Port of Corpus Christi
Port of Corpus Christi is a major port located in Texas, on the western Gulf of Mexico. The channel is 47 feet deep and was first opened in 1926 after a large dredging and construction project. Over the years the channel and turning basin were deepened to accommodate large vessels. The port channel across the bay was widened from 200 feet to 400 feet in 1952 due to a bottleneck problem. In 1968, the grain elevator was struck by lightning resulting in an explosion and the death of one employee. The grain elevator was repaired and back in operation the following year.
It has a total trade value of 76,157,693 short tons annually, according to 2013 data, and is ranked in the top ten ports in the United States by total trade. It is the number one U.S. port for crude oil export. The principal cargoes for imports include crude, gas and fuel oil and main exports are gasoline, petroleum coke and coal among many other products.
The port is capable of handling a variety of cargo types and offers a selection of facilities for many uses.
- Dry bulk
- General cargo
- Liquid bulk
- Wind energy and project cargo
- Cargo docks
- Liquid docks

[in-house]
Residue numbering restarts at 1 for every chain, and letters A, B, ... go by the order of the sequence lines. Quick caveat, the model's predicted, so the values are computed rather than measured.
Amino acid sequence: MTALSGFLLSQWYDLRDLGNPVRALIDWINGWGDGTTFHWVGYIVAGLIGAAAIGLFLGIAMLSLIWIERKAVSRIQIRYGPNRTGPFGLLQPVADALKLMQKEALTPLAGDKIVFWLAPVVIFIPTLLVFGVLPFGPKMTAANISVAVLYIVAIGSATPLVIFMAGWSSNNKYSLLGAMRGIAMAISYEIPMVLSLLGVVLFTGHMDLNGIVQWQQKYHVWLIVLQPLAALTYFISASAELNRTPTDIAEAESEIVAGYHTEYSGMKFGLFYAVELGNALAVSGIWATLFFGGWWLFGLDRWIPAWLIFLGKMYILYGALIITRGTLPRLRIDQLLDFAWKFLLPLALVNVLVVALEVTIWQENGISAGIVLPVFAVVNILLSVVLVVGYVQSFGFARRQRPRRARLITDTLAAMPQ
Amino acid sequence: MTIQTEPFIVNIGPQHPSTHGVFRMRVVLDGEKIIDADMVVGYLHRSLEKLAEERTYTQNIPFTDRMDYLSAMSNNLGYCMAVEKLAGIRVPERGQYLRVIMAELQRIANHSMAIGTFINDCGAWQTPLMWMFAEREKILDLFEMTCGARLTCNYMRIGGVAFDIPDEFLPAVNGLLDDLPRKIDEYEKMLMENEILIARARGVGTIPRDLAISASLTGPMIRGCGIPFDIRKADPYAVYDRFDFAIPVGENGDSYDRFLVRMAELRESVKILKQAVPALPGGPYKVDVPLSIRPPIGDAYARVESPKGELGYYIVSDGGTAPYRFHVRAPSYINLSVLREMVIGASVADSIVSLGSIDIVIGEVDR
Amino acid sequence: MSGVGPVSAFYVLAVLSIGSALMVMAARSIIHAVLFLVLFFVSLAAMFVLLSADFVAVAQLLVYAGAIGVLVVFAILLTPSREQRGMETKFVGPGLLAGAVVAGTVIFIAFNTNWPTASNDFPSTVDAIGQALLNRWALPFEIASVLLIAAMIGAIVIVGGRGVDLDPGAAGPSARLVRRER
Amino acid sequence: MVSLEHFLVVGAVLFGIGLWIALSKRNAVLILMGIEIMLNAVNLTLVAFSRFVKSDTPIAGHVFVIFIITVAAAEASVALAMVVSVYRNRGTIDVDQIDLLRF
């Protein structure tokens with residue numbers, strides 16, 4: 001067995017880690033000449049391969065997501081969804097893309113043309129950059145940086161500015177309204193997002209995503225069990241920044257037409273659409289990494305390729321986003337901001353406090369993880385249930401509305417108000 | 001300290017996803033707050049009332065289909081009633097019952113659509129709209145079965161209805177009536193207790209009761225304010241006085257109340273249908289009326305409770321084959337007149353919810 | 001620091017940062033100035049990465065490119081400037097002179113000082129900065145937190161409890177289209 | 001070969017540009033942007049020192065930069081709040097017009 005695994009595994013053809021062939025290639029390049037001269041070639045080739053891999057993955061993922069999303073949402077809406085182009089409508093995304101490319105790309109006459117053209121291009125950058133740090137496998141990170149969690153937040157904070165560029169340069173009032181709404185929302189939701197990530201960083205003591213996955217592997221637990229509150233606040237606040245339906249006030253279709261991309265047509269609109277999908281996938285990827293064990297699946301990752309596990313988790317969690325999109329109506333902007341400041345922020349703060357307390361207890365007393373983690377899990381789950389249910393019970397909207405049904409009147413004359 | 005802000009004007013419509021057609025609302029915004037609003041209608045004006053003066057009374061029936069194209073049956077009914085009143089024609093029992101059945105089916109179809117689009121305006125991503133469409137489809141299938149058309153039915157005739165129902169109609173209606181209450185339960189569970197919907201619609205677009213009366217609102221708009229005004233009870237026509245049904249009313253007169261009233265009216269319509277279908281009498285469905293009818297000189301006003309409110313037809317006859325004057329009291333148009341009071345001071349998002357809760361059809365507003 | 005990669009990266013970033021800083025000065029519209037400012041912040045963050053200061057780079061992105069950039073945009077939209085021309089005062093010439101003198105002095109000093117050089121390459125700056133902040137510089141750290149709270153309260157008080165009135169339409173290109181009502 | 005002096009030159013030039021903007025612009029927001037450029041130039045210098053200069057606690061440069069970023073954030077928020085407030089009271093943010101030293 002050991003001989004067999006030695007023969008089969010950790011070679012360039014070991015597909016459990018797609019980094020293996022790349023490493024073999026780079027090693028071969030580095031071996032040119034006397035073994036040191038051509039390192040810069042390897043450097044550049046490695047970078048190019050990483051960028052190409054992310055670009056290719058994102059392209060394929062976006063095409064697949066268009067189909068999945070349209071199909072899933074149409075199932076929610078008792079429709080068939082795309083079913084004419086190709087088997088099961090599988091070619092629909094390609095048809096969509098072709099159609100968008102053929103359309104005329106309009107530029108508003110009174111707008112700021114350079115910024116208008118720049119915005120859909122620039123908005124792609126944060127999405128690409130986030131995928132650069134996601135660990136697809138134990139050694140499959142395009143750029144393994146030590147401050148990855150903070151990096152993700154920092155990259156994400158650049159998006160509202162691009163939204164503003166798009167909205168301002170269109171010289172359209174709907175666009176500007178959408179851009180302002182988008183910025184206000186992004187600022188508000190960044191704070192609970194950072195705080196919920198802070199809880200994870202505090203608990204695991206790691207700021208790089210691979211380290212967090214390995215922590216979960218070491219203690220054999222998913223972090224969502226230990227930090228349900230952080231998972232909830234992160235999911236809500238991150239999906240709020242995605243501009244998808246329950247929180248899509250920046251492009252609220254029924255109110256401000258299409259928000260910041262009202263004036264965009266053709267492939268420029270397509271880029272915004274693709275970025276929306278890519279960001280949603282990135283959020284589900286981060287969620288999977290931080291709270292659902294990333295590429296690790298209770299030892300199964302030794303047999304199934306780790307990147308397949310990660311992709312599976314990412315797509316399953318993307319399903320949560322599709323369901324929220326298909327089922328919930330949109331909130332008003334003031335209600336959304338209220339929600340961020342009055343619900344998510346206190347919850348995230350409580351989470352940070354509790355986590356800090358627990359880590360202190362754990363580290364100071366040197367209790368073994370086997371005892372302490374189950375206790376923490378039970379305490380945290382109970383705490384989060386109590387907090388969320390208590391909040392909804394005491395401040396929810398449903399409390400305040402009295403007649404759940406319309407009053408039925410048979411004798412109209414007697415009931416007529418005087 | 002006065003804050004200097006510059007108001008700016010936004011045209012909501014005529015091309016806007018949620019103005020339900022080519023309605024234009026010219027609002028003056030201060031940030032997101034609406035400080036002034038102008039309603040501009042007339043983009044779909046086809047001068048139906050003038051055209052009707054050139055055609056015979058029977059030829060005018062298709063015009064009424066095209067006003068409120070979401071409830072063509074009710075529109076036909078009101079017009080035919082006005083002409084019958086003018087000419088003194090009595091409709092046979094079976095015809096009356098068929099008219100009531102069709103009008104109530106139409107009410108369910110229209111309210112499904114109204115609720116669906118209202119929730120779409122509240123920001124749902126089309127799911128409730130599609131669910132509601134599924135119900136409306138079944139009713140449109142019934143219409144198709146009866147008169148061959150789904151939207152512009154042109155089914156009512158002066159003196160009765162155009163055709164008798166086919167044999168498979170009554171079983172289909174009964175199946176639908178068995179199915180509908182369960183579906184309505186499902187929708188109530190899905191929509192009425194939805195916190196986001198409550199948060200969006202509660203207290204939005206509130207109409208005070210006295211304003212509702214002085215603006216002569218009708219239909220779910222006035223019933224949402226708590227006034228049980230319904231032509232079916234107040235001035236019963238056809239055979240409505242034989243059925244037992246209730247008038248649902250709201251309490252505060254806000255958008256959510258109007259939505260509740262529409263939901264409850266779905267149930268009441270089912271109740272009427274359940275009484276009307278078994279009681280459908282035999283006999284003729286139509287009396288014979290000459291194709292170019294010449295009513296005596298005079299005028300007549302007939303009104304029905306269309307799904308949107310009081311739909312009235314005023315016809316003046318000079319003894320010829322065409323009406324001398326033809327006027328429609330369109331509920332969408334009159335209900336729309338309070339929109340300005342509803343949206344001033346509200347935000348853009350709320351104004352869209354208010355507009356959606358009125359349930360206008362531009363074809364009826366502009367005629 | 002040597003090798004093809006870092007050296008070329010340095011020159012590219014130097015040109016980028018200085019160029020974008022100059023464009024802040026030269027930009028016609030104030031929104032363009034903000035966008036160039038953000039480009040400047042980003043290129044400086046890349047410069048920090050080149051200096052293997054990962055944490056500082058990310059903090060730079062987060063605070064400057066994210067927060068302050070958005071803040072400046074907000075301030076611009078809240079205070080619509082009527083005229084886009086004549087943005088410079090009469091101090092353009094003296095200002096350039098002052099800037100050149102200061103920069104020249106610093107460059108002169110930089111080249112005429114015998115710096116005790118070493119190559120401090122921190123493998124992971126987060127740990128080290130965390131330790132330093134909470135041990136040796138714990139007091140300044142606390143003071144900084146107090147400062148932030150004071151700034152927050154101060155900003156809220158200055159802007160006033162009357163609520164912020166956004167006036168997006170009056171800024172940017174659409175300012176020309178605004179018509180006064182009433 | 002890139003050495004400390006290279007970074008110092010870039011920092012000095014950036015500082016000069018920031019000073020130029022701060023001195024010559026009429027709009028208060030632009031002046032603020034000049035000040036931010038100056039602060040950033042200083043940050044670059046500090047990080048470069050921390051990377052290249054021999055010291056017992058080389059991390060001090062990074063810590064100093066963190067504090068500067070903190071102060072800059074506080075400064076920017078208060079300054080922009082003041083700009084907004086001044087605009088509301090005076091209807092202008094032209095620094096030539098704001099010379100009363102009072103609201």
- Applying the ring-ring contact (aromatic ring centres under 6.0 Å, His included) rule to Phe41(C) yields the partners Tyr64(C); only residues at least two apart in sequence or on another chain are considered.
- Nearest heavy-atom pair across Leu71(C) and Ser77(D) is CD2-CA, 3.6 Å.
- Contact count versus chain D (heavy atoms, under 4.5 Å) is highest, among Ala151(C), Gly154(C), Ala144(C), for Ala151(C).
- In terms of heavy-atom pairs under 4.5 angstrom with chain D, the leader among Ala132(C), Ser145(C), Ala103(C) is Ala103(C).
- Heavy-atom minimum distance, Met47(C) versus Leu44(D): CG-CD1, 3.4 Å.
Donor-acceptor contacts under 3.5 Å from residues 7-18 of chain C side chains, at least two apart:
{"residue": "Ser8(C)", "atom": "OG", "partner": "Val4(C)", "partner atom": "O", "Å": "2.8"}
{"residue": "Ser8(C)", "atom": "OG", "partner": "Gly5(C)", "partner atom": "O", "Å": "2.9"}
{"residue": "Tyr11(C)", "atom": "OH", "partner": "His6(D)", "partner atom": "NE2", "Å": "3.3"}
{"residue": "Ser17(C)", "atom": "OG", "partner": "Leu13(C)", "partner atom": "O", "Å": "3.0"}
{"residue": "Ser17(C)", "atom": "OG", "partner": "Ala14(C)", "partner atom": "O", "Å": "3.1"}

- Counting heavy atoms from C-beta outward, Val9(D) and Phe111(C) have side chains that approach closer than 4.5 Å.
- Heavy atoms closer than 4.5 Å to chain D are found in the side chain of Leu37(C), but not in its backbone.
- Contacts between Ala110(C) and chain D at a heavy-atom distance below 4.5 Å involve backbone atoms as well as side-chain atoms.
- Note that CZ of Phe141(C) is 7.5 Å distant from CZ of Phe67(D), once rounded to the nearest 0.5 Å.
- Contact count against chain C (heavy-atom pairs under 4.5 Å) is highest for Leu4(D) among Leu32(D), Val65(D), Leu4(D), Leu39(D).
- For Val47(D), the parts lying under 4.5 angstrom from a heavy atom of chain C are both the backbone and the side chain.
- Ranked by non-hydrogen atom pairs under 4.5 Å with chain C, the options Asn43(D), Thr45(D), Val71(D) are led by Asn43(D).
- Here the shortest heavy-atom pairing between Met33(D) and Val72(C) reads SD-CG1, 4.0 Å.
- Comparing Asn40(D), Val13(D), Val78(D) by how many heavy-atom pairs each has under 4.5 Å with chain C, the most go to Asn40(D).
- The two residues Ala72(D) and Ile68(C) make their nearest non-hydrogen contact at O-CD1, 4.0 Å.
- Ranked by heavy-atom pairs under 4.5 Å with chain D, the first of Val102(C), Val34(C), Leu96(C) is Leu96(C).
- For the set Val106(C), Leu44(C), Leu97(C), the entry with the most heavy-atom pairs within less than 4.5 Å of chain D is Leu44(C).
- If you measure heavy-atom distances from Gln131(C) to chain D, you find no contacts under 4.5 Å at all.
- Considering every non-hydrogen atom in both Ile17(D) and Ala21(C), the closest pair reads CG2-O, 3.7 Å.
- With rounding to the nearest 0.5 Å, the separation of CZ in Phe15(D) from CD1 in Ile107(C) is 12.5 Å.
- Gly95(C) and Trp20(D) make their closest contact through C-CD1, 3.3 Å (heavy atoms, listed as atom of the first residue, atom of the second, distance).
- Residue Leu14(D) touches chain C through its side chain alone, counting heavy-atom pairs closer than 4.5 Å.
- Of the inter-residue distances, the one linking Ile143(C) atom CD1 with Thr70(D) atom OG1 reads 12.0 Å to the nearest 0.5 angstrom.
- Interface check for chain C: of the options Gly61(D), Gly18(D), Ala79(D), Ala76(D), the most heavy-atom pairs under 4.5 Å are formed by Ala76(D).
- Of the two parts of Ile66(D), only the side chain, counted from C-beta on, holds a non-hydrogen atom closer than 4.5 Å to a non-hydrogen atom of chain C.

- Bulk terminals
- Open storage
Two large terminals, Southside and Northside, have a large variety of important features including dockside rail or truck transfer, ship side covered storage, access to railways, and highways and many acres of open storage areas. Liquid bulk services include 14 public oil docks with availability to handle 160,000 DWT tankers and 22 docks for petroleum and petrochemical products. Dry bulk docks are available to load or discharge a variety of products. A grain elevator is located on the Inner Harbor. The entire area is secure and provides safe operations for many types of goods handling.
Foreign Trade Zone
The port is part of Foreign Trade Zone (FTZ) #122. The program, in place since the 1930s, provides secure areas to facilitate a trade to increase the ability for U.S. based companies to take part in global business. Products are allowed to be moved, stored, assembled, displayed, tested, and produced in areas that specifically do not require payment of duties until goods are moved into the American marketplace. The zones are designed to streamline the supply chain process allowing for an easier and less complex process.
Safety is of utmost concern at locations such as this. Those who work on and near vessels face hazardous conditions on a daily basis. Accidents and injuries can occur in shipyards and on vessels. If you were seriously hurt in an accident at the Port of Corpus Christi, we can help protect your rights. Contact us today using the online form to learn more about how to get the compensation you deserve for your injuries.